Even now that we live hundreds of miles away, watching the sun rising over lake Michigan on Chicago’s lakefront path remains etched in my mind. Some of my favorite personal moments, professional moments, are wrapped up in the rise and fall of those waves matched with the soft patting of feet and warm chatter of friends.
But I’ve always been so struck by how close it all came to not happening at all.
Had Kate not needed moral support for her 5k training.
Had she not decided to ask me – of all people – to join her.
Had I not said yes to Kate (when I had no real reason to do so).
Had I left that Totem Pole before seeing the Clocktower Runners.
Had Bob and the rest not egged me on to join them on their run. Had he not slowed his sub-8 pace to talk to me during that first run (and many after).
Had Paul not mentioned the Treasurer’s Office needing a litigator to join their in-house team.
Had John not accepted his coworker’s invitation to a running group that met three hours earlier than he’d wake up on a weekend (and in the winter, no less).
If any of those decisions, by any of those people, had been any different, I may not be sitting here today writing these words.
I see how the whole path of my life changed because of a dozen split-second decisions made within that span of a few months. It’s a dramatic view because it’s so obvious and the implications are so profound.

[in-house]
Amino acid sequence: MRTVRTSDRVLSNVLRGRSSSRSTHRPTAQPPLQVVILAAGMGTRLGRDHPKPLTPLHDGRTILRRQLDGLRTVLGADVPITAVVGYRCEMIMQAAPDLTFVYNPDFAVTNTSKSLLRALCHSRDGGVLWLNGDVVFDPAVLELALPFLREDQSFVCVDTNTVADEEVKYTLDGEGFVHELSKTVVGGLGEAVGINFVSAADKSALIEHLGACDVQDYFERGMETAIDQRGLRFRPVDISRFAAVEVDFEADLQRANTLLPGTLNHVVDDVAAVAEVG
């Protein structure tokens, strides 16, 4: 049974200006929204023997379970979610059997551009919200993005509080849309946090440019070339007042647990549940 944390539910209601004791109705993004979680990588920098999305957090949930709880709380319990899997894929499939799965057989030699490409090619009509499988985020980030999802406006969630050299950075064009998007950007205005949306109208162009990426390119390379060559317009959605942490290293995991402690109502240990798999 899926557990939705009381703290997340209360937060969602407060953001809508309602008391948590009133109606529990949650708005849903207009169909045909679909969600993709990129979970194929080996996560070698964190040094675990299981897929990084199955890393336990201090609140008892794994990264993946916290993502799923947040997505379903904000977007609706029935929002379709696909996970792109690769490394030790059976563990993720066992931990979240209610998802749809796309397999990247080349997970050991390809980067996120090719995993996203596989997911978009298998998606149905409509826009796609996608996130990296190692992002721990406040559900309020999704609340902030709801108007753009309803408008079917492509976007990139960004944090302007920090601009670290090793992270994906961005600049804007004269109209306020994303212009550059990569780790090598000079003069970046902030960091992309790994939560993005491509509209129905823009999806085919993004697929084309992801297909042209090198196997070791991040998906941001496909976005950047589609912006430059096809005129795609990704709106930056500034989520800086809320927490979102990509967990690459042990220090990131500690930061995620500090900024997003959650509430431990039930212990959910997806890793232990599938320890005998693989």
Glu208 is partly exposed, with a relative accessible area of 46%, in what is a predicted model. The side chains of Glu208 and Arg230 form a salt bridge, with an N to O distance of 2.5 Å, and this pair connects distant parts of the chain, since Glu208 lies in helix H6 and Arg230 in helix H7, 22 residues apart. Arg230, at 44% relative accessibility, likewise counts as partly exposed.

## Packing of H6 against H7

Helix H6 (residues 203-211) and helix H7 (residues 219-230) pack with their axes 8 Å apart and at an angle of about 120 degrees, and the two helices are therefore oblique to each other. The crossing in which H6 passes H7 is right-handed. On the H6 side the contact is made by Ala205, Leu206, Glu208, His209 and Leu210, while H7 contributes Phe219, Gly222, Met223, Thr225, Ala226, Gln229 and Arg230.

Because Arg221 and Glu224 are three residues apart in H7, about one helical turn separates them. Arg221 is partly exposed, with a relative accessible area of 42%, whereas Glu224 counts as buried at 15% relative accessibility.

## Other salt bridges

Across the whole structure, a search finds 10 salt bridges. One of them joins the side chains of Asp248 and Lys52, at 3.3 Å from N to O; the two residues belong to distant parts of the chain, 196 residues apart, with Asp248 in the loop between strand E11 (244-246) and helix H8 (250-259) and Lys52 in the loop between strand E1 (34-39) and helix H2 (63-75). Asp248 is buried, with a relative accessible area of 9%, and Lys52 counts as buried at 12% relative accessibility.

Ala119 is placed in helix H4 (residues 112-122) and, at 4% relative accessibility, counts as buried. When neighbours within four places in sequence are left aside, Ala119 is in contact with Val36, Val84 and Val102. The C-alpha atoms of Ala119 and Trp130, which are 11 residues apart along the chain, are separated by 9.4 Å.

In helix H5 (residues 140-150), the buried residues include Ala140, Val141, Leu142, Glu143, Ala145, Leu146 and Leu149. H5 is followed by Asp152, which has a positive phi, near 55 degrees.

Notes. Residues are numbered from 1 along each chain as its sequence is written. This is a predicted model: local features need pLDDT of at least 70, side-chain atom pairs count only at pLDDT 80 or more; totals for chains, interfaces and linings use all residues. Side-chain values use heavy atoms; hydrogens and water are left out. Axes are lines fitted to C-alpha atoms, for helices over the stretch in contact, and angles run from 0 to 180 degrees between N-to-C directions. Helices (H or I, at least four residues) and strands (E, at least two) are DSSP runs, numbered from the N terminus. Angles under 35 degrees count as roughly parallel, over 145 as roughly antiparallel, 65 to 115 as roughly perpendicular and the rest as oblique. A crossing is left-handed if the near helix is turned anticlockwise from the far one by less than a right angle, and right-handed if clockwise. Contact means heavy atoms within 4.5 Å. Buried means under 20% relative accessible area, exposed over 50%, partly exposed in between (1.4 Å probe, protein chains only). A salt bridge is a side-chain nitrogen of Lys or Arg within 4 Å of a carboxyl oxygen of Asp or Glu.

But every day – every single day – there are opportunities to change someone’s path.
Just last week I got a call from a phone banker for a local candidate. Immediately I could tell she was weary from the phones…
Caller: Hello, did you know that there is an Aldermanic election on March 7?
Caller: You did? Great! I’m calling on behalf of Alisha Sonnier, who is…
Me: Oh you don’t need to introduce me to Alisha. She’s lovely and she has my vote.
Caller: Really? Oh that’s great! [Audible relief.] That’s so great to hear.
Me: Yep. Put me down as a strong supporter and tell her Michele says hi.
Caller: Oh great I will.
And then, before I hung up, I thought to say:
Hey, I know that these calls aren’t always easy, but it’s really important and I’m glad you’re doing them. She’s lucky to have you on her team.
I don’t remember how we closed the conversation, but her voice was more chipper.
Was she able to take that interaction and energy to the next call? Maybe make 5 more than she otherwise would have that night?
Would one of those people decide the election? And would the election determine the path of the city? (Which it will, as a matter of fact.)